EasyJet is making around 30% of its workforce redundant as it shrinks the size of its operations to match its reduced network, which the LCC does not expect to return to 2019 levels until 2023.
The airline is set to resume service on June 15 and is focused on “profitable flying,” restarting a small number of routes with a focus on domestic flights in the UK and France.
Customer demand increases and the relaxation of travel restrictions across Europe will dictate further route resumptions.
Bookings for the winter season are “well ahead of the equivalent point last year.” Many of these tickets are for customers who are rebooking COVID-19-disrupted flights from the first half of this year.
Capacity for easyJet’s fiscal Q4—which runs until the end of September—is set to be 30% of what was flown in the same period in 2019. The LCC said this was subject to change, depending on demand and regulations, and its commercial planning and data science teams would “continue to work through different demand scenarios as we move through summer and into winter 2020/21.”
By the end of 2021 the airline’s fleet will be 51 aircraft fewer than was planned before the COVID-19 crisis began. EasyJet expects to have 302 aircraft by then, which will include 3-4% of un-crewed standby aircraft for the peak summer season. Deferrals of new deliveries have already been announced, including those from its substantial order with Airbus, which has been a point of contention between management and easyJet’s founder and largest shareholder Stelios Haji-Ioannou.
The LCC said its fleet deal with Airbus “gives easyJet the flexibility to react to the different circumstances and varying demand environments which we may be faced with in the coming period.”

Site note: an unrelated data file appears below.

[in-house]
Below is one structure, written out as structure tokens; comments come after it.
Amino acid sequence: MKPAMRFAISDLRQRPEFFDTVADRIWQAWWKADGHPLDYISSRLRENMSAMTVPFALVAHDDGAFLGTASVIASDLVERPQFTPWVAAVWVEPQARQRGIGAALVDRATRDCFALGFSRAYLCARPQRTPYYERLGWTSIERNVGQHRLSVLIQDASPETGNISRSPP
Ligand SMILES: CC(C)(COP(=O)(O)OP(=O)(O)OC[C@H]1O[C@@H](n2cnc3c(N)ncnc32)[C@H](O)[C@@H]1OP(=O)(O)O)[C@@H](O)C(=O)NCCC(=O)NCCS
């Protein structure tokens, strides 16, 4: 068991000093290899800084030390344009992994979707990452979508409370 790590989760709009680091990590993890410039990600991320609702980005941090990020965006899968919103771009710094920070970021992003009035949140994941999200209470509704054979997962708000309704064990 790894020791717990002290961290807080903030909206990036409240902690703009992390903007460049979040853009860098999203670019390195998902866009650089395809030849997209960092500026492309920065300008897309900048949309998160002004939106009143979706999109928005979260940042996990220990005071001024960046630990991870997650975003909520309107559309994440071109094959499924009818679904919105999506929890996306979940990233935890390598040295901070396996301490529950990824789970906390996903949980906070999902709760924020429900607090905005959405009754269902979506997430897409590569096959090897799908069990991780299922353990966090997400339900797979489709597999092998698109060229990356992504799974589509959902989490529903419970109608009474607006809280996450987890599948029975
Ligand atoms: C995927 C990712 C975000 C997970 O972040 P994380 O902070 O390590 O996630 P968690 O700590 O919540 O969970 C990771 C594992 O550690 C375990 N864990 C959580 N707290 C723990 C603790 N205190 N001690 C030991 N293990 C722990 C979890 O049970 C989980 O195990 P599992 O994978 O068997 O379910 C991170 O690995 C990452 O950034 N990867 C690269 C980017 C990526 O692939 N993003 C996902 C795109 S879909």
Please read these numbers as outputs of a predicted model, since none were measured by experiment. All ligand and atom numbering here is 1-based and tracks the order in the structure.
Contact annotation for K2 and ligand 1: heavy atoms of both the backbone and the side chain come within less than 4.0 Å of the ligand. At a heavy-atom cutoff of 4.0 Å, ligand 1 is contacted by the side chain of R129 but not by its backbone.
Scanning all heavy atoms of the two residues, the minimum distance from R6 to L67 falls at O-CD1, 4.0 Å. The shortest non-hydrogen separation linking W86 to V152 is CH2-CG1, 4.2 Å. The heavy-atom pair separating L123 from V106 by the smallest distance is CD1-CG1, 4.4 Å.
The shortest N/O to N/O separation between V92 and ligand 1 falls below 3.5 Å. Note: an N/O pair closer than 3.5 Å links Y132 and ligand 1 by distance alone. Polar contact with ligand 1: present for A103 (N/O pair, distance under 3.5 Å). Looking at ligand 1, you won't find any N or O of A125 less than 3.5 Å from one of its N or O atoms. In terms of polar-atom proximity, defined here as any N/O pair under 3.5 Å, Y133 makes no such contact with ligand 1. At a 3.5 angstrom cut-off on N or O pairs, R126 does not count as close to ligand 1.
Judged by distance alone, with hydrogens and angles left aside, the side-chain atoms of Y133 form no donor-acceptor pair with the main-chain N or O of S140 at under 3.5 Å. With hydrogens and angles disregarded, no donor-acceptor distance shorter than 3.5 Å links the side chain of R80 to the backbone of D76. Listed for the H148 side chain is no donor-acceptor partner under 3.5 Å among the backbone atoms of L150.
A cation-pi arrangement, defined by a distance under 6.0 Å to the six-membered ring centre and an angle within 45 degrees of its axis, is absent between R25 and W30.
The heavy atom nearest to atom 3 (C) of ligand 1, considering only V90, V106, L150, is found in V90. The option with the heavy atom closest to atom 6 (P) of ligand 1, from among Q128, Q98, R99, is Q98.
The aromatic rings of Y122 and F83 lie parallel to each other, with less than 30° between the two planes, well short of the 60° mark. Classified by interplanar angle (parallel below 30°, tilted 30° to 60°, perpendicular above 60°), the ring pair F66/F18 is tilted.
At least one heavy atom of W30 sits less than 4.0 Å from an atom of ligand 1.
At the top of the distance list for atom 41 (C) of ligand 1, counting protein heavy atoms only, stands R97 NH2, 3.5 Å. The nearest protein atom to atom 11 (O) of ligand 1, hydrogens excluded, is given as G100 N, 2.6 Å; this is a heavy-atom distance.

In a strongly worded statement on his easy.com website, Haji-Ioannou wrote that the easyJet staff losing their jobs were being made to “carry the can” for the Airbus order.
“If the airline needs to be 30% smaller in staff numbers then it needs to have 30% fewer aircraft (on a March 2020 fleet size of 337), not 107 more,” Haji-Ioannou said.
A consultation period with employees regarding redundancies will begin in the coming days. According to the airline’s 2019 annual report it had more than 15,000 staff, including nearly 4,000 pilots and over 9,000 cabin crew members. The planned 30% cut would see 4,500 employees lose their jobs.
The staff cut reflects “the reduced fleet, the optimization of our network and bases, improved productivity as well as the promotion of more efficient ways of working,” easyJet said.
EasyJet CEO Johan Lundgren said the company wanted “to protect as many jobs as we can for the long-term.”
"We remain focused on doing what is right for the company and its long-term health and success, following the swift action we have taken over the last three months to meet the challenges of the virus,” Lundgren said.
"We want to ensure that we emerge from the pandemic an even more competitive business than before, so that easyJet can thrive in the future."
Photo credit: easyJet